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Document Type:Latin Dissertation
Language of Document:English
Record Number:53144
Doc. No:TL23098
Call number:‭3207122‬
Main Entry:Annette Kleinkauf Morrow
Title & Author:Struggling with the passion of Saint Perpetua: Gendering the female body in Late Antiquity and beyondAnnette Kleinkauf Morrow
College:University of Arkansas
Date:2005
Degree:Ph.D.
student score:2005
Page No:201
Abstract:On 7 March 203, a young Roman noblewoman, Vibia Perpetua, experienced a series of disturbing visions while she and her slave, Felicitas, awaited execution in a Carthaginian prison. In the first of these revelations, Perpetua witnesses the opening of the heavens and the miraculous appearance of an ethereal ladder, stretching from the earth to the sky. Loitering at the bottom rung lies an enormous dragon waiting to attack anyone attempting to ascend. On the ladder itself, are a series of impalement instruments---a dagger, sword, and hook---familiar objects to Roman citizens who witnessed the massacre of helpless victims in the local arena. In the "autobiographical account" of her martyrdom, recorded in the Passio Perpetuae et Felicitatis , the female mystic gingerly navigates through the multitude of barbed weapons and enters the gates of paradise where "the Good Shepherd" symbolically feeds her communion consisting of sweet ewe-milk. Her other visions include one of the first non-scriptural references to purgatory as well as spiritual transvestism---baptized in an aura of dripping breast milk. Historians and theologians approach the Passio to illuminate the real context behind the lives of Roman matrons and women martyrs. Indeed, as historians attempt to recreate some sort of a literate past for women in general, they look to the Passio as the birth of a uniquely feminine literary genre. Yet, the Passio offers the contemporary gender-theorist a unique opportunity to explore the deeply ambiguous nature of sacred gender in late antique Christendom. It is the contention of this dissertation that "Perpetua" is a constructed image, drawn from a variety of heroic figures from Greco/Roman, Hebrew, and Christian sacred texts. The compilers of the edition of the Passio that has come down to us use the ecstatic journey of Perpetua as a guide for the liturgical and theological instruction of Christian catechumens. This dissertation also traces the history of the Passio narrative through time. From the sermons of St. Augustine to nineteenth-century novels, the Passio is a brilliant example of how editors can manipulate a text in order to suggest certain agendas for a variety of purposes.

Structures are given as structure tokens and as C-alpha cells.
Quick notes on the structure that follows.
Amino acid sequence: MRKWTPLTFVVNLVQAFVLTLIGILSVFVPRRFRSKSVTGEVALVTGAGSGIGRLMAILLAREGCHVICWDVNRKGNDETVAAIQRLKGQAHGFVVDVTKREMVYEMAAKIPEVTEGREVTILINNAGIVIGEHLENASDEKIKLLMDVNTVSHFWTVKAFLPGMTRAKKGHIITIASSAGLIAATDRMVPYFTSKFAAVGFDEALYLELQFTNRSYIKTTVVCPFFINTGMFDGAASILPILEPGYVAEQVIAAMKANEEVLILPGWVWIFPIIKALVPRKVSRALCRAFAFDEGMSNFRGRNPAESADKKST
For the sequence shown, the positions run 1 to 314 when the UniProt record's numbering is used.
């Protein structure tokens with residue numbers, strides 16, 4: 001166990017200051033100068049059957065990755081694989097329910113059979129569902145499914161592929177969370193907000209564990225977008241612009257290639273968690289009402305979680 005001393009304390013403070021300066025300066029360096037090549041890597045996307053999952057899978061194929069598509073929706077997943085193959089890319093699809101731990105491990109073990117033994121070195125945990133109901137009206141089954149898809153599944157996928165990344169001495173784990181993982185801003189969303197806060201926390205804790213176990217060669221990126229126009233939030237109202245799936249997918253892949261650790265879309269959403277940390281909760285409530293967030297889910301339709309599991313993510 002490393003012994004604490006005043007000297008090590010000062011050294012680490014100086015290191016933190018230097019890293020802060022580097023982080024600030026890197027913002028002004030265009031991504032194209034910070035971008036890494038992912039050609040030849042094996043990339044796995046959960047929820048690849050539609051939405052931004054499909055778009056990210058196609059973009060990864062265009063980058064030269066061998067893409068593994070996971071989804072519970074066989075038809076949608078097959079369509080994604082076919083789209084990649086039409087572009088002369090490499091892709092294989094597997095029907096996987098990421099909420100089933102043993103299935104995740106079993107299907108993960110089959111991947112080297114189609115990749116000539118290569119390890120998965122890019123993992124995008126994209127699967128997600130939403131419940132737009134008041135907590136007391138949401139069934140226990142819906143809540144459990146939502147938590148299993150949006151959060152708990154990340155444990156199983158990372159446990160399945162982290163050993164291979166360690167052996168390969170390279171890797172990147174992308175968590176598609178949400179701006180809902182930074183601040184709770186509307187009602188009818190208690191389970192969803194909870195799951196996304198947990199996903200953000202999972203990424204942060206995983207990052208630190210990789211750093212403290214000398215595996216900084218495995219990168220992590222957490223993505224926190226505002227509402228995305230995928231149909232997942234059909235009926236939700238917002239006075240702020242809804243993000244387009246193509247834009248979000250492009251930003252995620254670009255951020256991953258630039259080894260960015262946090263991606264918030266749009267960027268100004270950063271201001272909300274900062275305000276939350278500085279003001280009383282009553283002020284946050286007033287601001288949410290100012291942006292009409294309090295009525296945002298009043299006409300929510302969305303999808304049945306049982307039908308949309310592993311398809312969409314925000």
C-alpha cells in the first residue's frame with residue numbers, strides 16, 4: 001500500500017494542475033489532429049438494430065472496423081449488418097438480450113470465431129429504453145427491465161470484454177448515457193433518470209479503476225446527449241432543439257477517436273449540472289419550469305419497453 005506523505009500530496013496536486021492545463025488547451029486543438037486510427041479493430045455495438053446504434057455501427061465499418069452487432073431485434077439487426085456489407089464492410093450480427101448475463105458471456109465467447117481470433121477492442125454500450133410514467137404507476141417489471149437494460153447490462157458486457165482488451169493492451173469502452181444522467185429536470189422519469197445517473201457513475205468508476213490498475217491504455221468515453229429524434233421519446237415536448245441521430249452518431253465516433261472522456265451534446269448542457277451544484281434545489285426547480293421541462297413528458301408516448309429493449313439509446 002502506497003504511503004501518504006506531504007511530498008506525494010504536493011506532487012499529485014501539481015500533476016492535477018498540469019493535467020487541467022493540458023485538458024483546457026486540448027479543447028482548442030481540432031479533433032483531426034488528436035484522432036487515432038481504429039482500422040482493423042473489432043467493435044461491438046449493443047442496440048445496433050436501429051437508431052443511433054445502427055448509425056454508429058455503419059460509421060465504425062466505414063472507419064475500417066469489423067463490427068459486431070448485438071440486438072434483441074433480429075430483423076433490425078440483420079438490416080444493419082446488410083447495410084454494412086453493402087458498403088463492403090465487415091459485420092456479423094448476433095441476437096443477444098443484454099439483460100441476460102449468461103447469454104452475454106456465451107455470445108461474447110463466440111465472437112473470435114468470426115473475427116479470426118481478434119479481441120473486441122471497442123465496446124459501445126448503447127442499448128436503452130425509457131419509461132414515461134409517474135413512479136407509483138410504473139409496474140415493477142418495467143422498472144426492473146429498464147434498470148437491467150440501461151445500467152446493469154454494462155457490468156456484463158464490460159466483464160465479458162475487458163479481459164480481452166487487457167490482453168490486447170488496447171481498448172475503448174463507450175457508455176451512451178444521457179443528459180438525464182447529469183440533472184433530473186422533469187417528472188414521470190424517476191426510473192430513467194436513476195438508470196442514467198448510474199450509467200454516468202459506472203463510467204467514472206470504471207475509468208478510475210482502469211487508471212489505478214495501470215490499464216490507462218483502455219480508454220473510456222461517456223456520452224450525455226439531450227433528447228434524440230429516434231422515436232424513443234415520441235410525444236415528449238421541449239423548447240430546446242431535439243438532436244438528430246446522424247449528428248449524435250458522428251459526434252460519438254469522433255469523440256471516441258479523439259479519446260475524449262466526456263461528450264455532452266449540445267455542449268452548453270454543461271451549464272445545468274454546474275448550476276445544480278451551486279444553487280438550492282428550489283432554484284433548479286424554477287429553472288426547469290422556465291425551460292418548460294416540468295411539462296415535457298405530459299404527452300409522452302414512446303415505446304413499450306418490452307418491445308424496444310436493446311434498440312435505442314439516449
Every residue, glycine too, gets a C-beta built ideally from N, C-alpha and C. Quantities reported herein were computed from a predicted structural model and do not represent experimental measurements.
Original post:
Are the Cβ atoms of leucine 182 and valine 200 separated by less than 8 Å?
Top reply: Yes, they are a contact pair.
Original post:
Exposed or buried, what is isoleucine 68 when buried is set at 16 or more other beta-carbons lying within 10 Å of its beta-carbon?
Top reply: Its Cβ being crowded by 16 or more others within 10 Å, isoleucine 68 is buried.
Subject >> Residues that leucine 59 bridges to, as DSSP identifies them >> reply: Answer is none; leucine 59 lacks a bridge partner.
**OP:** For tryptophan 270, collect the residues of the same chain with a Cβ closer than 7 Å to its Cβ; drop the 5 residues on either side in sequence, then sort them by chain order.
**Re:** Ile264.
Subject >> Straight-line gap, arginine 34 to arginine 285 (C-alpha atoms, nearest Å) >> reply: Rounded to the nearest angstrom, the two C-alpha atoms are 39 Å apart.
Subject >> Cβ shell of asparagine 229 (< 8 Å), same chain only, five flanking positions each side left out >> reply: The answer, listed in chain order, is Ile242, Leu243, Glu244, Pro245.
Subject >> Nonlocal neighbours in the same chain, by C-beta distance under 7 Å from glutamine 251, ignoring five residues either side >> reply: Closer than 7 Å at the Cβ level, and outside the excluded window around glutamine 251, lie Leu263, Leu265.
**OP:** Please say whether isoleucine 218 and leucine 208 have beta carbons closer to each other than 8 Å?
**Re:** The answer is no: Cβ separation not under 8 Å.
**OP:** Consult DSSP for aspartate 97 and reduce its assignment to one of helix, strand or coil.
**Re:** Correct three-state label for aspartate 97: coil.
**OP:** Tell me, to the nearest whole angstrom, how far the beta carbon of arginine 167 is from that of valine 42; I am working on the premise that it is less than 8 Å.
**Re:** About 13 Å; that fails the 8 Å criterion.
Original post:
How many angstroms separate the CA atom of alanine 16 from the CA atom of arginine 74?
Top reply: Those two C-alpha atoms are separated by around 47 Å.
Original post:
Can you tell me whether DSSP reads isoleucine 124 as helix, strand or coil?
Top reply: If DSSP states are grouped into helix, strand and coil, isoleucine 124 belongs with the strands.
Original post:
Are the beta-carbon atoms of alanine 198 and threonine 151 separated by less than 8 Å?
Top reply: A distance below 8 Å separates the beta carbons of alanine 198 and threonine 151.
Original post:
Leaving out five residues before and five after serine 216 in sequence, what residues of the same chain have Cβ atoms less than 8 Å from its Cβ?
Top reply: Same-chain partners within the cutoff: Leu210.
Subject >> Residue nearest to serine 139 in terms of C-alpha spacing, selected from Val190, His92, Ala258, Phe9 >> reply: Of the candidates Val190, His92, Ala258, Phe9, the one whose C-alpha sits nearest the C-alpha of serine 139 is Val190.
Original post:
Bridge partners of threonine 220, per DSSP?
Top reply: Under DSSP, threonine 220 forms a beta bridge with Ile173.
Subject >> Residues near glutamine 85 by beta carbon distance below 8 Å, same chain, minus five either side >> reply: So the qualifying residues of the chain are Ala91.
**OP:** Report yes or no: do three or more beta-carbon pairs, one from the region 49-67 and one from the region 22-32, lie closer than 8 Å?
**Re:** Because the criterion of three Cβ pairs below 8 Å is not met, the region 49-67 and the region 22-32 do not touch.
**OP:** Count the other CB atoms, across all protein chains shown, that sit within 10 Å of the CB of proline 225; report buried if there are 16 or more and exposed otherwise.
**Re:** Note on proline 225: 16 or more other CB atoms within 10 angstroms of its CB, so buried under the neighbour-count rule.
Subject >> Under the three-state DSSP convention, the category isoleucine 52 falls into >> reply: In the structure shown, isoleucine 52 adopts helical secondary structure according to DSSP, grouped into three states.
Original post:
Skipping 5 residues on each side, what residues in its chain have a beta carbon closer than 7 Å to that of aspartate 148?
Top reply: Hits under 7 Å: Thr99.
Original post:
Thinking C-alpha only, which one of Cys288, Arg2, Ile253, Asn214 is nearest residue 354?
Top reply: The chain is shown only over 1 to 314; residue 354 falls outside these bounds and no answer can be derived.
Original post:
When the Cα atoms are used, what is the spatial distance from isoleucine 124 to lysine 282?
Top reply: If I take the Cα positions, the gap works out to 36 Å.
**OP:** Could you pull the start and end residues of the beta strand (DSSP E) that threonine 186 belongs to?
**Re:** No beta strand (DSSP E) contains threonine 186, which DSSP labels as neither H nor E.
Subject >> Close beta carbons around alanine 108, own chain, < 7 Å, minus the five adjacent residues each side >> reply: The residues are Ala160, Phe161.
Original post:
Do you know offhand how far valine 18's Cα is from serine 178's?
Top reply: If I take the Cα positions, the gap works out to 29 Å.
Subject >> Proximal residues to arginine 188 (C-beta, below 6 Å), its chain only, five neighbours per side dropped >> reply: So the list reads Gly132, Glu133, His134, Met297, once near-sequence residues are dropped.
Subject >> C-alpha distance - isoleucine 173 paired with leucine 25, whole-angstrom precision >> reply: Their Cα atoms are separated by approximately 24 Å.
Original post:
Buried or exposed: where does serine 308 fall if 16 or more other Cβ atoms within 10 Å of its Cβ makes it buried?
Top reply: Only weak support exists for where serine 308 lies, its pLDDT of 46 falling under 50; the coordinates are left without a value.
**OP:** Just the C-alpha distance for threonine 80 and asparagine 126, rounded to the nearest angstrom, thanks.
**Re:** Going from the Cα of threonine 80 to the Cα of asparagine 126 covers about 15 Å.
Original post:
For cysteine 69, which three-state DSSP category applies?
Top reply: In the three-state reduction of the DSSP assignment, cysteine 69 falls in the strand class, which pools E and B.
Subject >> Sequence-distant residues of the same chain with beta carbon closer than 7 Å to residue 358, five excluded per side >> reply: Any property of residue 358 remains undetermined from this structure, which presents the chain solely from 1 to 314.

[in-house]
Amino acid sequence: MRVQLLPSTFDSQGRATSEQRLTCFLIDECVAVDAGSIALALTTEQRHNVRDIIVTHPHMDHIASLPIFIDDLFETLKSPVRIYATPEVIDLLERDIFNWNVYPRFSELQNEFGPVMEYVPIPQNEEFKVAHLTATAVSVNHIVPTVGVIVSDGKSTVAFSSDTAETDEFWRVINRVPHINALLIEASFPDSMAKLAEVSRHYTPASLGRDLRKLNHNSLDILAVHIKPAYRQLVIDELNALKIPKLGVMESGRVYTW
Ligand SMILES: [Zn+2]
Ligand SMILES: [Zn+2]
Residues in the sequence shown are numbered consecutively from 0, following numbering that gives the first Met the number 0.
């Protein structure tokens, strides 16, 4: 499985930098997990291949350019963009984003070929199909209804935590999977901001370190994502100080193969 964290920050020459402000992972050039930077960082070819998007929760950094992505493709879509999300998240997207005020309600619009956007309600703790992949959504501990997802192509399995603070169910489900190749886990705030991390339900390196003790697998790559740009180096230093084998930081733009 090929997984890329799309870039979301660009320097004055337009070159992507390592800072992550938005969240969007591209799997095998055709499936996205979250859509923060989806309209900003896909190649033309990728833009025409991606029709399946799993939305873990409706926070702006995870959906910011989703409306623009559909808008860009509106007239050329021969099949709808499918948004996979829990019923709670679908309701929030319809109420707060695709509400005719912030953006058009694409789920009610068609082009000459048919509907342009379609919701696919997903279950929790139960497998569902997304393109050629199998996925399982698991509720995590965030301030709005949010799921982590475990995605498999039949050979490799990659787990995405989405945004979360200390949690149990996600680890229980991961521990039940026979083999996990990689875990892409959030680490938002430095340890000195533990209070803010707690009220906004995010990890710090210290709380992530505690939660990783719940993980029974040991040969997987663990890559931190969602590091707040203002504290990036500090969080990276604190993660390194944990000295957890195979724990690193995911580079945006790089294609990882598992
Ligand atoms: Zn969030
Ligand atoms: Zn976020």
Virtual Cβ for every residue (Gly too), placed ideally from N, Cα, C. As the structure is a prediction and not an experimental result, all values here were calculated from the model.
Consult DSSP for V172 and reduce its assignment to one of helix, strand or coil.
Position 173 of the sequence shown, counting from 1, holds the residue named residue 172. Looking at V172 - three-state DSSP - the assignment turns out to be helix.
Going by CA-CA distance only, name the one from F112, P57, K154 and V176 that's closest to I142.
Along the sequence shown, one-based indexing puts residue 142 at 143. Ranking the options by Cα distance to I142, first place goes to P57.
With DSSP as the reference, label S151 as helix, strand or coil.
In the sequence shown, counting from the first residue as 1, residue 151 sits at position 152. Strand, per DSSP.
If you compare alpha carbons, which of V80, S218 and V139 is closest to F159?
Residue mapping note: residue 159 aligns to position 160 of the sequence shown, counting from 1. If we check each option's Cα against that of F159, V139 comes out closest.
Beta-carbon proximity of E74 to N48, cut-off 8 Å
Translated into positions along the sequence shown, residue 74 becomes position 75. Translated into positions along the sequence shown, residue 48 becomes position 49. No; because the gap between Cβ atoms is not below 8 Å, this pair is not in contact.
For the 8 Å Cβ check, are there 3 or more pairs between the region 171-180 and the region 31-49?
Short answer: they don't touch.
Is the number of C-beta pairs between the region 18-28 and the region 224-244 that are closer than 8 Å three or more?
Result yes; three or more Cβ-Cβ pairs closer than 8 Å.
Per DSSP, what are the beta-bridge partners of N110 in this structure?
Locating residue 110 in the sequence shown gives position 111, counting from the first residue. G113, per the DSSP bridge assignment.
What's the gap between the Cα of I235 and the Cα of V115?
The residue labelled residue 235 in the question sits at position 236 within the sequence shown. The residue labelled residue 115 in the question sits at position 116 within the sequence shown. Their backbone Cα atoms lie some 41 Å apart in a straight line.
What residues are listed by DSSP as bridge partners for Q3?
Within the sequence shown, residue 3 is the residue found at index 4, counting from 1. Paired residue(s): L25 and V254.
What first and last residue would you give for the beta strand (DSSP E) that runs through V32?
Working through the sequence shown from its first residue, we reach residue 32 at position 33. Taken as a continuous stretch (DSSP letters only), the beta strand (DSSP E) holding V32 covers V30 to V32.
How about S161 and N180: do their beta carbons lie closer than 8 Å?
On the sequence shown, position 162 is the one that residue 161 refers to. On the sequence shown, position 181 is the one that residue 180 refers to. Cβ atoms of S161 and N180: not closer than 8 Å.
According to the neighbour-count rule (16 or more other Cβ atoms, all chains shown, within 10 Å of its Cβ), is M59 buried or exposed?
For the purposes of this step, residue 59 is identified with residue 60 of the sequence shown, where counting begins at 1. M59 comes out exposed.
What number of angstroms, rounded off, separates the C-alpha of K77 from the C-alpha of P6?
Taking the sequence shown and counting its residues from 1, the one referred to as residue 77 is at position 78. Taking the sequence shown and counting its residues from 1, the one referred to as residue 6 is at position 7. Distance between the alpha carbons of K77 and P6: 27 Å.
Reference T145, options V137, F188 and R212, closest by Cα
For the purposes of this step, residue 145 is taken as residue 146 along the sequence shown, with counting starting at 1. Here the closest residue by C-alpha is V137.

Subject:Social sciences; Baptism; Female body; Gendering; Late Antiquity; Passion; Perpetua, Saint; Roman Empire; Ancient civilizations; 0579:Ancient civilizations
Added Entry:L. Coon
Added Entry:University of Arkansas